Its walls began being built after the earthquake of 515 AD. They are marked by signs narrating the events that took place since.
The current form of the wall and the character of the Town enclosed in it, were chiselled by the Knights of St. John.
Made to abandon Jerusalem, they arrived in Rhodes in 1309 and made it their home for 200 years.
The battlements we now see, the moat, the bridges and the 11 gates are all their work. Despite the seages and the bombings, remarkable public buildings, three hospitals and many churches were also erected.
The town we now call the Old or Medieval Town was created by the knights. They used the location and the materials of the town's previous lives to add one more layer to the 4.000 years of the island's history.
When the Turks conquered Rhodes in 1522, the Knights sought a new home in Malta and the Town changed dramatically.
Minarets were built on all the churches, a change needed for the accommodation of a new god. An addition was made to hustle of the town: the voice of the muezzin calling the faithful to prayer. Mosques and public baths were constructed.
For many years, the Greeks had to give away their homes within the walls. They were only permitted to work here and were made to leave at dusk, before the gates closed for the night.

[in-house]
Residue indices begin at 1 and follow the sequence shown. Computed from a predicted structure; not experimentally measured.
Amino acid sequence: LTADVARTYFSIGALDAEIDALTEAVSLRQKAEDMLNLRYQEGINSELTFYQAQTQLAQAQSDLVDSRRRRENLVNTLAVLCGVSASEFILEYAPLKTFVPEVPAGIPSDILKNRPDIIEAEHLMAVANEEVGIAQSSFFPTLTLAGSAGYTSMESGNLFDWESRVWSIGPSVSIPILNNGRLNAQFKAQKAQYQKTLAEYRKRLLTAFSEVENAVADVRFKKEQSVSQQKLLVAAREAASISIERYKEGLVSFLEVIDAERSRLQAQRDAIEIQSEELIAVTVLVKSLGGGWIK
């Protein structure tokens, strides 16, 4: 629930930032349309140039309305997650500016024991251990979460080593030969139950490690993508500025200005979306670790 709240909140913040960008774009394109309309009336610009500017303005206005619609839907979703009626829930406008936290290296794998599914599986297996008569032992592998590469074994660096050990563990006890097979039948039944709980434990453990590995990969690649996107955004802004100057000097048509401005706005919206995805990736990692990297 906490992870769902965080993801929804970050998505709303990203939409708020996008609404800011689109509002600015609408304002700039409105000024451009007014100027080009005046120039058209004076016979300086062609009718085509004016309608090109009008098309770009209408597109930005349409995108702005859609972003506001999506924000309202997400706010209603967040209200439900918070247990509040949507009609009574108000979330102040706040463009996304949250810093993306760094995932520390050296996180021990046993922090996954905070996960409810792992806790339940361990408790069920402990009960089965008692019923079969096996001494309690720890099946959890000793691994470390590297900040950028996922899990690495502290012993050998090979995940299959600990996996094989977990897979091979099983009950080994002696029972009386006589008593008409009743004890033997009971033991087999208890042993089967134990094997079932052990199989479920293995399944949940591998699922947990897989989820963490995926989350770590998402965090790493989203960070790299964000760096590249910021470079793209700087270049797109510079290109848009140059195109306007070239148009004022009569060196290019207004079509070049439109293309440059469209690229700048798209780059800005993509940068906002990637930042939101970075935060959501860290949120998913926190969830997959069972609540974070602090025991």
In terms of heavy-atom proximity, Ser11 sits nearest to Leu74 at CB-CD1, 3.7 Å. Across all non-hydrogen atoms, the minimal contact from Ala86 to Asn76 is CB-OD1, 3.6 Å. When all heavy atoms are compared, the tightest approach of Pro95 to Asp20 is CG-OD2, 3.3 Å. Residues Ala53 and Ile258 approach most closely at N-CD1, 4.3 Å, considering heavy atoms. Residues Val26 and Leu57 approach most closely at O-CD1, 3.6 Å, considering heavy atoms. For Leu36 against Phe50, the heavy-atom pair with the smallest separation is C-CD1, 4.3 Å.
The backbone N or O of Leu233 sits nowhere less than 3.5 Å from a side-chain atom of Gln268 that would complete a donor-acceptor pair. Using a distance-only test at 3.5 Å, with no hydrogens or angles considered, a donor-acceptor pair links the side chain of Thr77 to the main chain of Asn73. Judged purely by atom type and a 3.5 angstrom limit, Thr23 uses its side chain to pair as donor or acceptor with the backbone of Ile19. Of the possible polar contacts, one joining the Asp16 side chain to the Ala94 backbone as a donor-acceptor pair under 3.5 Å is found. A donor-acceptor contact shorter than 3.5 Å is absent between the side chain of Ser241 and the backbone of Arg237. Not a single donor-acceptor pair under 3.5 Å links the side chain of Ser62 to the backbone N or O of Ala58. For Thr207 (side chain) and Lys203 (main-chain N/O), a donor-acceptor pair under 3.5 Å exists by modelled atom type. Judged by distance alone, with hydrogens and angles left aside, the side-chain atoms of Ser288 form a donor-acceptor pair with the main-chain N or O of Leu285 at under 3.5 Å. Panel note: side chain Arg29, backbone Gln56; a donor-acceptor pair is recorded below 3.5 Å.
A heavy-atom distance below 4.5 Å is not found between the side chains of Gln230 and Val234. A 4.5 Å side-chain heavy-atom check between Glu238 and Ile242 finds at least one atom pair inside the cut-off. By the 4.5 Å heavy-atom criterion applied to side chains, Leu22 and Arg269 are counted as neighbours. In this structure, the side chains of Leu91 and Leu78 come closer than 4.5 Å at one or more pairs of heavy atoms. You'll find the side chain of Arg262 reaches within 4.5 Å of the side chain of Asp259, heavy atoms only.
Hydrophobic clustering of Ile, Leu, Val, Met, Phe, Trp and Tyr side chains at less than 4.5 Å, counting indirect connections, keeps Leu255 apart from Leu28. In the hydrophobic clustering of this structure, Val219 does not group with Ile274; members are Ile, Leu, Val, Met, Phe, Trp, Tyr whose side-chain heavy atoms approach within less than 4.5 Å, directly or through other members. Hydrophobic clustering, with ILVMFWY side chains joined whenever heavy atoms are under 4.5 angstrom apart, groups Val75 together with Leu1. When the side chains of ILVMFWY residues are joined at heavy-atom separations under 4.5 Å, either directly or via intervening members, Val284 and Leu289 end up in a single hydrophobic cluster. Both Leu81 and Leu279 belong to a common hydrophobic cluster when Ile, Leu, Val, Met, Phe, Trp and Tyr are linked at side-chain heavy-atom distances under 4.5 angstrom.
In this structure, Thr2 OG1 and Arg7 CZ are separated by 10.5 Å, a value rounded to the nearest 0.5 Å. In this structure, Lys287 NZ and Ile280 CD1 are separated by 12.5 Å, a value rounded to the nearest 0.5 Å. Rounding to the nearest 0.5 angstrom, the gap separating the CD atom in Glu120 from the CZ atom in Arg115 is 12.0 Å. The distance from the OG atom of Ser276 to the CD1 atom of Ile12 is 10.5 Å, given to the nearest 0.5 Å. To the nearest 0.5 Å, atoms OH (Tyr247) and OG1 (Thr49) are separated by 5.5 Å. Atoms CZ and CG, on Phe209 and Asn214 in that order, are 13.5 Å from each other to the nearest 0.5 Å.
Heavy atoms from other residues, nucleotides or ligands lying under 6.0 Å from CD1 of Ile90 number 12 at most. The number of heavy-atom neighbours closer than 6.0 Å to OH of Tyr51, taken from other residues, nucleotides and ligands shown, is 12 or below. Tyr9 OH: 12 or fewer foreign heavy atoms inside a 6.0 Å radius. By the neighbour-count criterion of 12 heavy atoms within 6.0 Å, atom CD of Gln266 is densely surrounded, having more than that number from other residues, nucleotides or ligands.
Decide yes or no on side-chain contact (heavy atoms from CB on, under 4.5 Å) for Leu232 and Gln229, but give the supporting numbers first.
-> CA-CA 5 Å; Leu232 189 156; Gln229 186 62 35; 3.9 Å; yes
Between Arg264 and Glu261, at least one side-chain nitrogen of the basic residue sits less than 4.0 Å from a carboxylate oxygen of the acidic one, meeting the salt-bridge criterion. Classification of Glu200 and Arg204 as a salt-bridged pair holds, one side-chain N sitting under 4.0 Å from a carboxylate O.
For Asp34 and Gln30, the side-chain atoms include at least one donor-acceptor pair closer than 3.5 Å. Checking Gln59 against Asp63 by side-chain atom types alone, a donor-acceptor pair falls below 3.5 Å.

In 1912, the walls and the Old Town were given a new lease of life. The Italians took over the reins from the Turks. Ruined and run-down buildings were restored and space was created for the asphyxiating town to breathe. People’s lives began to improve.
Life in the Town has been continuous and thriving for the last 1500 years. More than 5000 people live or work here today. This hive is now protected as a UNESCO World Heritage Site.
Its narrow streets, the huge wooden doors, the sweet smells of the bazaar and the shopkeepers' smiles make for a unique experience.
A wealth of sights and museums display a turbulant and glorious past.
Yet, the Town is also proud of its today's young self, offering its visitors the joys of music, culture, food and drink.
It gives them the chance to relax in the cool courtyards of the cafés, to haggle in the busy market streets and to hold long-lasting conversations while drinking ouzo and enjoying small mezé dishes.